1The Otto and Marie Neurath Isotype Collection is the most comprehensive archive of Isotype materials. It documents methods of designing and disseminating data that have played a major role in twentieth-century graphic design thinking. Given to the University of Reading by Marie Neurath in 1971, the collection includes documents, correspondence, published works, and artefacts relating to the history, principles, working methods, and products of Isotype, from its beginnings in 1920s Vienna through to its later incarnations in The Hague, Oxford, and London.
2'Isotype revisited' has several objectives. The project will review Vienna Method / Isotype approaches to pictorial language and visual education by tracking their evolving character between 1925 and 1970. In doing so, and by making known Isotype's wider sphere of activities and interests, the notion that it was concerned only with pictorial statistics will be redressed. Isotype will be further complicated by comparing its 'core' work with the efforts of adherents, imitators, and popularizers. And, in looking back from a present-day perspective, the project will consider Isotype's place in twentieth-century design history, and its influence on graphic communication today.
For over thirty years, the University of Reading's Department of Typography & Graphic Communication has been the only one of its kind in Britain. It offers a unique approach to design through a combination of practice, theory and history. Teaching is augmented by funding through CETL and the excellent special collections and archives held in the Department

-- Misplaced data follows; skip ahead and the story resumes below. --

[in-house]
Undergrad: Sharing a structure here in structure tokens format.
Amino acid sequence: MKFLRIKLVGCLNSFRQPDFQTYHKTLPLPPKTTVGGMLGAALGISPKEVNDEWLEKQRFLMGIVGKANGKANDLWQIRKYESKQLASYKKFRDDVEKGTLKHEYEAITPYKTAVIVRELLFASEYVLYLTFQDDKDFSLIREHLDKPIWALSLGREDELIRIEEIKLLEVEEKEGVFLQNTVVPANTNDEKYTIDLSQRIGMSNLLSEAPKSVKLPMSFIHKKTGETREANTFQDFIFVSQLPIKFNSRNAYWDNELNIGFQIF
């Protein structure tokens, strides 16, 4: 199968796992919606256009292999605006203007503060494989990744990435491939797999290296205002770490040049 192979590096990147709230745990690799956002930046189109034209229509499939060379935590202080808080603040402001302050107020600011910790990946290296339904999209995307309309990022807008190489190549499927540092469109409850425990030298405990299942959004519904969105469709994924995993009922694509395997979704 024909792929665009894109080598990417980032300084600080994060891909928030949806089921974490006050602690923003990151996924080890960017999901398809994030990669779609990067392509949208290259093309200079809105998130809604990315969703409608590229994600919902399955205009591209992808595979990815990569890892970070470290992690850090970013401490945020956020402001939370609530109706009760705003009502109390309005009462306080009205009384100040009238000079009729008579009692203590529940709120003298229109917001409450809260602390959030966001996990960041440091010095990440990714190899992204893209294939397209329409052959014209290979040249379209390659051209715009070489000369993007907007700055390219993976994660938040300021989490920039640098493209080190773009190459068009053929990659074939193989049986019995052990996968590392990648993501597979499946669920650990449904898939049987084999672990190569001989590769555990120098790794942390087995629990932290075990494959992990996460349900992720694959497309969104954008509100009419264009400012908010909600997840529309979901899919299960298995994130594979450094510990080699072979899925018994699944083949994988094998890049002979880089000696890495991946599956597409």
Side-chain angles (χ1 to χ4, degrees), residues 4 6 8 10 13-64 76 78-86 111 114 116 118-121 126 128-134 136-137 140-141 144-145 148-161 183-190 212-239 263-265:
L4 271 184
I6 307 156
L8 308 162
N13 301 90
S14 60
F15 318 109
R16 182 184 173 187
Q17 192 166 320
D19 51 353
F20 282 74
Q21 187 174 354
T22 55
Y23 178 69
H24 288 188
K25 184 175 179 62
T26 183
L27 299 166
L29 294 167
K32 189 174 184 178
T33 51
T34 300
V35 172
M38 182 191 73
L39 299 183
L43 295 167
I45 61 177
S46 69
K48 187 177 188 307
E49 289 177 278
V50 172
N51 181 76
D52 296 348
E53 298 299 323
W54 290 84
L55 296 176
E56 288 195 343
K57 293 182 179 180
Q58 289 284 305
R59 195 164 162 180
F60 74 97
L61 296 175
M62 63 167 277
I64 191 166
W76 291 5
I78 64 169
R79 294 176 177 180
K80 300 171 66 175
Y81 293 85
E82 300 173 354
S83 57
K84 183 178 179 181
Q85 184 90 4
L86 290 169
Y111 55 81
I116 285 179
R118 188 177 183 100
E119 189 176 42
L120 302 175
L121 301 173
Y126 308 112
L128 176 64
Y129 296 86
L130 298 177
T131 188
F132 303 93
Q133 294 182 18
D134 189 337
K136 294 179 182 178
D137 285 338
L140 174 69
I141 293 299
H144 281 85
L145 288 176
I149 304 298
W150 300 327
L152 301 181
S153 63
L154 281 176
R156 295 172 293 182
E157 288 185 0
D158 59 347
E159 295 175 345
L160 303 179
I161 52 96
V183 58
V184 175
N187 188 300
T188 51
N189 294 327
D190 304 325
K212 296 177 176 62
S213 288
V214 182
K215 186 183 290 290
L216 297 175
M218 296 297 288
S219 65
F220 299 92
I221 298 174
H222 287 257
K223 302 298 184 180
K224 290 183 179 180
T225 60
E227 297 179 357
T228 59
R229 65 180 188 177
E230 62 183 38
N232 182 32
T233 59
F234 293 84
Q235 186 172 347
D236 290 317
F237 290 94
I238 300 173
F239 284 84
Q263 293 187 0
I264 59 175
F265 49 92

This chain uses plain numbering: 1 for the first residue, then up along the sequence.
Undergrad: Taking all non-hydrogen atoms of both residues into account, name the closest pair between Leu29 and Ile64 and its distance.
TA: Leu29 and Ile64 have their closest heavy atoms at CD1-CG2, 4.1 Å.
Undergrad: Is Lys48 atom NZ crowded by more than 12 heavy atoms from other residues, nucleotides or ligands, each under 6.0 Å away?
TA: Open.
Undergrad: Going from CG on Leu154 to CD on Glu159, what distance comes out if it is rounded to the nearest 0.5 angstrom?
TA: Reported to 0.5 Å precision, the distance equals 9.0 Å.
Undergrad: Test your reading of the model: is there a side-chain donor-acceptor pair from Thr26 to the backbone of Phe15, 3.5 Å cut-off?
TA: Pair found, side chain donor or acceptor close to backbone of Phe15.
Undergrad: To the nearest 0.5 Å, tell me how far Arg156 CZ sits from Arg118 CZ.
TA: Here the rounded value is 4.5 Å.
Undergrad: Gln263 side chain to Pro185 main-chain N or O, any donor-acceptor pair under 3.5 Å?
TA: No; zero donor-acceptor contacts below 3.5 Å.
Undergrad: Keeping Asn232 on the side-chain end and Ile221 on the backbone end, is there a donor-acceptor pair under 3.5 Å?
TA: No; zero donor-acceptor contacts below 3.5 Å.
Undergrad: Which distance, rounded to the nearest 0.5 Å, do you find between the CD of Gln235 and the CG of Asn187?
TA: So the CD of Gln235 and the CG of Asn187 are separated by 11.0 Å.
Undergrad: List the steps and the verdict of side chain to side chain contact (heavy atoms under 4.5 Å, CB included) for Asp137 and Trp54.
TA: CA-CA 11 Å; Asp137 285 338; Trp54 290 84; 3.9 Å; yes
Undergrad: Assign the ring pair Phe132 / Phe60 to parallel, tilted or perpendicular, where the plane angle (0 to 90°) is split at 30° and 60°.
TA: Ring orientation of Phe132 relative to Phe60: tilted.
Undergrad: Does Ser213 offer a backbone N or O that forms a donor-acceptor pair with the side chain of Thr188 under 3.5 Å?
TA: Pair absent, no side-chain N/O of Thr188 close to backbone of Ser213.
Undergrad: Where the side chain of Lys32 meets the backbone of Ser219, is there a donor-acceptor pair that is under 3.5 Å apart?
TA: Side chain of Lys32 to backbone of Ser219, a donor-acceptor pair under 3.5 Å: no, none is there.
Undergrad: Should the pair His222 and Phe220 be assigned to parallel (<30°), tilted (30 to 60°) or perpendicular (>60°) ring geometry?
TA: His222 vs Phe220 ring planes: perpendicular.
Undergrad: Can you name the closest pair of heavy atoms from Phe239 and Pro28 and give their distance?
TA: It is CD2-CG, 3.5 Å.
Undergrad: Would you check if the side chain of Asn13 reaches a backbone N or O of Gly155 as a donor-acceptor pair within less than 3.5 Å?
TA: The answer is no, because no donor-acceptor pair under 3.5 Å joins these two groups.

The high standard and diversity of research in the Department are recognized by our result in RAE 2008, with 80 per cent of research being rated world-leading or internationally excellent. They are also reflected in undergraduate and postgraduate programmes, as well as in works published by the Department, such as Typography Papers.
The Victoria & Albert Museum is the world's leading museum of art and design with collections unrivalled in their scope and diversity. It was established to make works of art available to all and to inspire British designers and manufacturers. Today, the V&A's collections, which span over 2000 years of human creativity in virtually every medium and from many parts of the world, continue to intrigue, inspire and inform. www.vam.ac.uk
The Arts and Humanities Research Council (AHRC) supports world-class research that furthers our understanding of human culture and creativity. Each year the AHRC provides approximately £112 million from the Government to support research and postgraduate study in the arts and humanities, from languages and law, archaeology and English literature to design and creative and performing arts. In any one year, the AHRC makes approximately 700 research awards and around 1,350 postgraduate awards. Awards are made after a rigorous peer review process, to ensure that only applications of the highest quality are funded. The quality and range of research supported by this investment of public funds not only provides social and cultural benefits but also contributes to the economic success of the UK. See: www.ahrc.ac.uk